Tag Archives: emerging writers’ festival

Melanie Cheng: #Robinpedia

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Melanie Cheng is an Australian writer, born in Adelaide, moved to Hong Kong and now lives in Melbourne. She is also a GP, winner of the 2018 Fiction VPLA, and lover of the Emerging Writers Festival.

Now stop it. Stop that sniggering! I do good, honest profiles here. It says VPLA! That’s Victorian Premier’s Literary Award, not Visible Panty Line Australia. I’m pretty sure the acronym VPL went out in the 80s so just stop it. Furthermore, if any Australian writer was to win the VPL, it’d be me with my love of cottontail. Now back to the profile!

Melanie Cheng’s debut book, Australia Day published through Text, charmed critiques and award judges alike. It was winner of the Victorian Premier’s Literary Award for Fiction, longlisted for an Indie Book Award, longlisted for an ABIA Literary Fiction Book of the Year Award, longlisted for the Matt Richell New Writer of the Year Award, longlisted for a Dobbie Literary Award, shortlisted for a Readings Prize, and winner of the Victorian Premier’s Literary Award for an Unpublished Manuscript. It’s safe to say that she has completely nailed the Victorian Premier’s Literary Awards and it is easy to see why. Her stories are deftly crafted with a hard hitting depth. They speak to that notion of displacement and belonging that everyone faces and therefore can relate to. She writes a vast array of characters that are unified with each other through this yearning for connection and thus likewise bonded with us the reader. But don’t just take my word for it, Australia Day had words of praise provided by the likes of Emily Maguire, Christos Tsiolkas and Alice Pung.

To continue name dropping, Melanie is friends with Jane Harper and emails her for advice. Yes the Jane Harper, author of The Dry and Forces of Nature which have now been picked up by Reese Witherspoon’s production company. Interestingly, Jane won the Unpublished VPLA the year prior to Melanie. It’s certainly an award good at predicting phenomenal success from talented new writers. Other previous winners include Graeme Simsion and Maxine Beneba Clarke. If you have an unpublished manuscript and are an emerging Victorian writer, might I suggest you enter? Entries open in September.

Melanie has been commissioned to write another book by Text and I will keep you updated on its release. She loves her local library, shout out to Bargoonga Nganjin in Fitzroy North, and is no doubt bunkered down there writing up a storm. She has said that much of her inspiration comes from her work, not just from her patients but from the people she has to deal with whilst advocating for her patients. If you put Melanie on hold for 7,000 hours whilst she was trying to help a patient, well, you have been noted, put through the fiction blender, and reimagined on the page.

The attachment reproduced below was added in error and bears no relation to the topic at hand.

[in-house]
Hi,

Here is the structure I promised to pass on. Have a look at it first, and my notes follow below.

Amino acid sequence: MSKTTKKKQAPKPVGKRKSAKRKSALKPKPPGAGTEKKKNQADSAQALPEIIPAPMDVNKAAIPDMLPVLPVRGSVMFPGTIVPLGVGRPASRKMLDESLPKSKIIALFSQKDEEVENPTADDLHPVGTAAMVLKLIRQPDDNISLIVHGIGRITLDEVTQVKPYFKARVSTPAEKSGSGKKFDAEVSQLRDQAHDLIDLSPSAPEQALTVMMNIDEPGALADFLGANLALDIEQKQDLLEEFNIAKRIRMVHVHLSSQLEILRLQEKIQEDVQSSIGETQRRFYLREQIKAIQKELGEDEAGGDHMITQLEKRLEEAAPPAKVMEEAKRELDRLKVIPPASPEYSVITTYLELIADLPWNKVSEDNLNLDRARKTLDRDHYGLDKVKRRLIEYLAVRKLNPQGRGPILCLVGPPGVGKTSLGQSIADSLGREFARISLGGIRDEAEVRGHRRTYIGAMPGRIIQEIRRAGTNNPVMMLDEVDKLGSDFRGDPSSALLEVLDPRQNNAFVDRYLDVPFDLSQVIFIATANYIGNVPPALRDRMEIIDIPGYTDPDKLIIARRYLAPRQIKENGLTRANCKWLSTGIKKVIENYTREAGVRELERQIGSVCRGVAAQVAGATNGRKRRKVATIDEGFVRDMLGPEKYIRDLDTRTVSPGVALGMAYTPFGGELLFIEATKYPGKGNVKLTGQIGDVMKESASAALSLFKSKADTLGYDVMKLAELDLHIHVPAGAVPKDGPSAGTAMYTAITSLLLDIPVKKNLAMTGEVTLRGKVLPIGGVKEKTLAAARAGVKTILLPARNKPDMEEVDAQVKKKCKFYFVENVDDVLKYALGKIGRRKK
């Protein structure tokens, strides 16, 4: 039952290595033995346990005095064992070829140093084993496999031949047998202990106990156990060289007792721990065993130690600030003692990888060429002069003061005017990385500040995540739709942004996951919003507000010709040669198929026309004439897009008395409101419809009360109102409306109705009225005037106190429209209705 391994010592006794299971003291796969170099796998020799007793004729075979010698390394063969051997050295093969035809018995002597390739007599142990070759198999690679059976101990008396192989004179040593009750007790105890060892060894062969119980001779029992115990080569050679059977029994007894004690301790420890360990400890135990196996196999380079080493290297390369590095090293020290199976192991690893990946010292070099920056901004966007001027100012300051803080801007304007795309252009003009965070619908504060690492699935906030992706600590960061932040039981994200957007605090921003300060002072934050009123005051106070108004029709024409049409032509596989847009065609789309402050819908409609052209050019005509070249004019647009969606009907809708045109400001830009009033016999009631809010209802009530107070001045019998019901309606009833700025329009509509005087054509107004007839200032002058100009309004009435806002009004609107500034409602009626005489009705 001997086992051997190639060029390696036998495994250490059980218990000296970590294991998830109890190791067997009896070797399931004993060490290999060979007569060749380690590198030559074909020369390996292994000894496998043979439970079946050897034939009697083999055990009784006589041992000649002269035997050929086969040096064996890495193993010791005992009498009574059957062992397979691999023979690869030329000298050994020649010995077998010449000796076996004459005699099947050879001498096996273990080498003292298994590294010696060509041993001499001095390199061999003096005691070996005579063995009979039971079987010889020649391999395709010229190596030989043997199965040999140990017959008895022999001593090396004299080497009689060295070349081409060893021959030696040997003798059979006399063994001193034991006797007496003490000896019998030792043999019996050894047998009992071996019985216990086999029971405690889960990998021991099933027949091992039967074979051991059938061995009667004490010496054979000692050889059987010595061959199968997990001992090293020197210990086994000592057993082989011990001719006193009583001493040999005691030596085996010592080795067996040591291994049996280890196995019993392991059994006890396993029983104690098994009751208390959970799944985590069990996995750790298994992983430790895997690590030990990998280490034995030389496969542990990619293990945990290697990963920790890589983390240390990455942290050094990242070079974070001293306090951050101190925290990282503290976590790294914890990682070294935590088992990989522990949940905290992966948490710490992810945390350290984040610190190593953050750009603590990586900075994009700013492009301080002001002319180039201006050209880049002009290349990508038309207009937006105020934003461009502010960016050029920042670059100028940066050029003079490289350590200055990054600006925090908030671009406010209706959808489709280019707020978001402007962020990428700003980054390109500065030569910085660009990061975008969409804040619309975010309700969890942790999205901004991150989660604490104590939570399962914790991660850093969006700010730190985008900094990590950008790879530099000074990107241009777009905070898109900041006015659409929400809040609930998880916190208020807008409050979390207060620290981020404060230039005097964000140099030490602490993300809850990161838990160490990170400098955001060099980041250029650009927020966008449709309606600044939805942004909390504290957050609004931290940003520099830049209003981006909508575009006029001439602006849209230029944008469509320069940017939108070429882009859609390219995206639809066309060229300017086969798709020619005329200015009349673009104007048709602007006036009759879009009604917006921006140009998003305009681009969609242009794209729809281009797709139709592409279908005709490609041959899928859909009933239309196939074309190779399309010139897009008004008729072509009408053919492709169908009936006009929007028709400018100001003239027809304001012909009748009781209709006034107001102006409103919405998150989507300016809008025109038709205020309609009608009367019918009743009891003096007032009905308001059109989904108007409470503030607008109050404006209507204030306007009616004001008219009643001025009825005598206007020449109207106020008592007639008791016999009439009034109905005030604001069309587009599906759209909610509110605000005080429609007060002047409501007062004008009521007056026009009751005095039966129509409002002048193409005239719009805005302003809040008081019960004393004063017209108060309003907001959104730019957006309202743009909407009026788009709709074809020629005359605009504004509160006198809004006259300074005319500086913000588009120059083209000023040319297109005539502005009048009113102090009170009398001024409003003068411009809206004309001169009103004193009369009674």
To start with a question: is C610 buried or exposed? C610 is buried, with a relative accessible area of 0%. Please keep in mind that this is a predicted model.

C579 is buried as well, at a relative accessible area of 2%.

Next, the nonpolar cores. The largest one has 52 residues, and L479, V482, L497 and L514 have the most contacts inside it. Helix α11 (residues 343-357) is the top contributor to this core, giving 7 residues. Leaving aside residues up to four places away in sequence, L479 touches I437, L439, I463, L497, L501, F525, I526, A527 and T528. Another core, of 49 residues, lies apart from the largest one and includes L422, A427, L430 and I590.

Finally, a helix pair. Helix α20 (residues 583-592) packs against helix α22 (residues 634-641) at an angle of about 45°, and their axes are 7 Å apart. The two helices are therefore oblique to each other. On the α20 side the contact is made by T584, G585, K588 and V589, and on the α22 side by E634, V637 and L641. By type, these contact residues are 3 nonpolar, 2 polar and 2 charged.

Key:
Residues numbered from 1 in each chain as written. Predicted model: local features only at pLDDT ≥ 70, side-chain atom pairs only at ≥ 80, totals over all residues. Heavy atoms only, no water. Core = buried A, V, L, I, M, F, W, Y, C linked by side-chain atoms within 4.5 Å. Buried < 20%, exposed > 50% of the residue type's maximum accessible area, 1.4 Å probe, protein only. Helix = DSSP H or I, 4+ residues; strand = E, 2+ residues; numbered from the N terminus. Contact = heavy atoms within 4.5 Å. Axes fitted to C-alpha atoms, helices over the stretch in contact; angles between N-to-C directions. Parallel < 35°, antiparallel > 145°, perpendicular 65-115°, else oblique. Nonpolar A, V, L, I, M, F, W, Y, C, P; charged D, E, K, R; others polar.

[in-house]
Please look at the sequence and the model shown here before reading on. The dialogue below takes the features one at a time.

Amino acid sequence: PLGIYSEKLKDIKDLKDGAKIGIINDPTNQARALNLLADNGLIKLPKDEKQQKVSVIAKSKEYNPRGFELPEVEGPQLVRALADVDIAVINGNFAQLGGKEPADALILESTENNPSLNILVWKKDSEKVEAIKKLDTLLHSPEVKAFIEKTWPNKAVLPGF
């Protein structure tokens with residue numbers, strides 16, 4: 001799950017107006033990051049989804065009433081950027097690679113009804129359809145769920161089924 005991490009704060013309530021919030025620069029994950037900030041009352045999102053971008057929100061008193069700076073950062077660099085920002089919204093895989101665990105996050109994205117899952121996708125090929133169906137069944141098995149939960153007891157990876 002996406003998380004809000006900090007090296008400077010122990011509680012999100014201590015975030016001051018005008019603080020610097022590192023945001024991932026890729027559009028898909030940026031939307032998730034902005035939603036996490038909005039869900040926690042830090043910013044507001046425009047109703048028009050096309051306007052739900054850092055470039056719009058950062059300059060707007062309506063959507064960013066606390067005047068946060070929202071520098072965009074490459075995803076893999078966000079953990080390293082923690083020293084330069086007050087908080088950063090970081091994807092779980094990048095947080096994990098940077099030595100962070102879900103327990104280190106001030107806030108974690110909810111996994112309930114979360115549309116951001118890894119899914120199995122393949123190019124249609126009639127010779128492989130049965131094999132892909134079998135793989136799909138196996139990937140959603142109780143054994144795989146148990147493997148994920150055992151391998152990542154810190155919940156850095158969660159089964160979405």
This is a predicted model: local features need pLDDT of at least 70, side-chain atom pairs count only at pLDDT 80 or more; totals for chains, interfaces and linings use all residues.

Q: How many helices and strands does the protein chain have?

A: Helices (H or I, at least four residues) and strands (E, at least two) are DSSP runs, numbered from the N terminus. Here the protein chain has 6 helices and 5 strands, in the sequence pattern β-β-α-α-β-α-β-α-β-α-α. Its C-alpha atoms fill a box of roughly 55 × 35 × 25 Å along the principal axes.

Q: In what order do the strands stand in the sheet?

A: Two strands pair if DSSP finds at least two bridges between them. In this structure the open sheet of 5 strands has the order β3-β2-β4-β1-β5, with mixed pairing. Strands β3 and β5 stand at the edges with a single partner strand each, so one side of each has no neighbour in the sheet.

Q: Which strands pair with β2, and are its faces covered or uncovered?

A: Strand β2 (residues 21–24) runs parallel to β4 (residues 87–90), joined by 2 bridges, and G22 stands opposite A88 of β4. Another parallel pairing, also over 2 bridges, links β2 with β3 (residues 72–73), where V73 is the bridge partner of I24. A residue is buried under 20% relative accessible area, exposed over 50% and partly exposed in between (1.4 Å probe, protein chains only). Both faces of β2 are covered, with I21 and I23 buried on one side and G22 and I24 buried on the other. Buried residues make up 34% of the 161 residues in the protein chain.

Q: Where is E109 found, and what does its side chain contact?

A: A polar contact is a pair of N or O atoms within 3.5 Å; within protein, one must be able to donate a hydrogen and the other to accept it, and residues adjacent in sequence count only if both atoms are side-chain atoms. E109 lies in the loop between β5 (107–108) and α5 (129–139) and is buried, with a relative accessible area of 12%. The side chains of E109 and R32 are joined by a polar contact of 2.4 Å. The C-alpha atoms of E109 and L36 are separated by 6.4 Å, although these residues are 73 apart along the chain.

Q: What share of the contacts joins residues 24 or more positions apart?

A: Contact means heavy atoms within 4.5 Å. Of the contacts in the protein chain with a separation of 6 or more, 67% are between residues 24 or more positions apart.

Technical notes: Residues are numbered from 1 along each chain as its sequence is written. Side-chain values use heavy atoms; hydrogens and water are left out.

Find Melanie Cheng’s website here.

Find Melanie Cheng’s blog here.

Find Melanie Cheng on Twitter here.

Find Australia Day here.

Read more about Robinpediahere.

Read about my experience of being a dyslexic writer here.

Read about my opinion on author brandinghere.

Buy my shit here.

The New South Wales Writers’ Centre Stick ( AKA #nswwcStick ): #Robinpedia

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The New South Wales Writers Centre Stick, affectionately dubbed #nswwcStick, also known as the Calliope Stick, was gifted upon the New South Wales Writers’ Centre by the great muse Calliope on the 13th of July 2016. Calliope is the chief of all muses and presides over epic poetry. The stick was discovered at the foot of the Centre by Bridget Lutherborrow.

The New South Wales Writers’ Centre was ecstatic to receive the gift after the muses fled the centre when Laura Jean McKay annouced that they didn’t exist at the Emerging Writers’ Festival Roadshow in the November of 2014. The muses took the news that they weren’t real quite badly and refused to speak to anyone in Sydney until the fateful day of July 13 2016 when they did leave the sacred stick.

The celebrations of the Calliope Stick were heralded in song and on twitter. #nswwcStick started to trend after post-literary-automoton Mal Neil asked for there to be a hashtag. Writer/editor/proofreader Alan Vaarwerk felt that the New South Writers’ Centre should become “all about the stick.” Whereas writer and sneezer Patrick Lenton wanted to explore the philosophical ramifications of the stick.

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Unfortunately all this stimulation was cut short when the stick went missing. Nobody knows exactly when it happened or how but there have been several theories. The two most credible theories are:

1) A rival writers’ centre, jealous of the favour shown and the inspiration received, did set out and steal the holy stick.

2) The stick had been known for throwing parties and inviting friends over. It is thought that a staff member got tired of the mess and cast the stick out into the void.

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However, as no witnesses have come forward it is all just pure speculation. But for a time we lived and breathed from the Calliope Stick. And it was great.

At some point, someone did attempt to pass off an imitation stick as THE Stick, but nobody was fooled.

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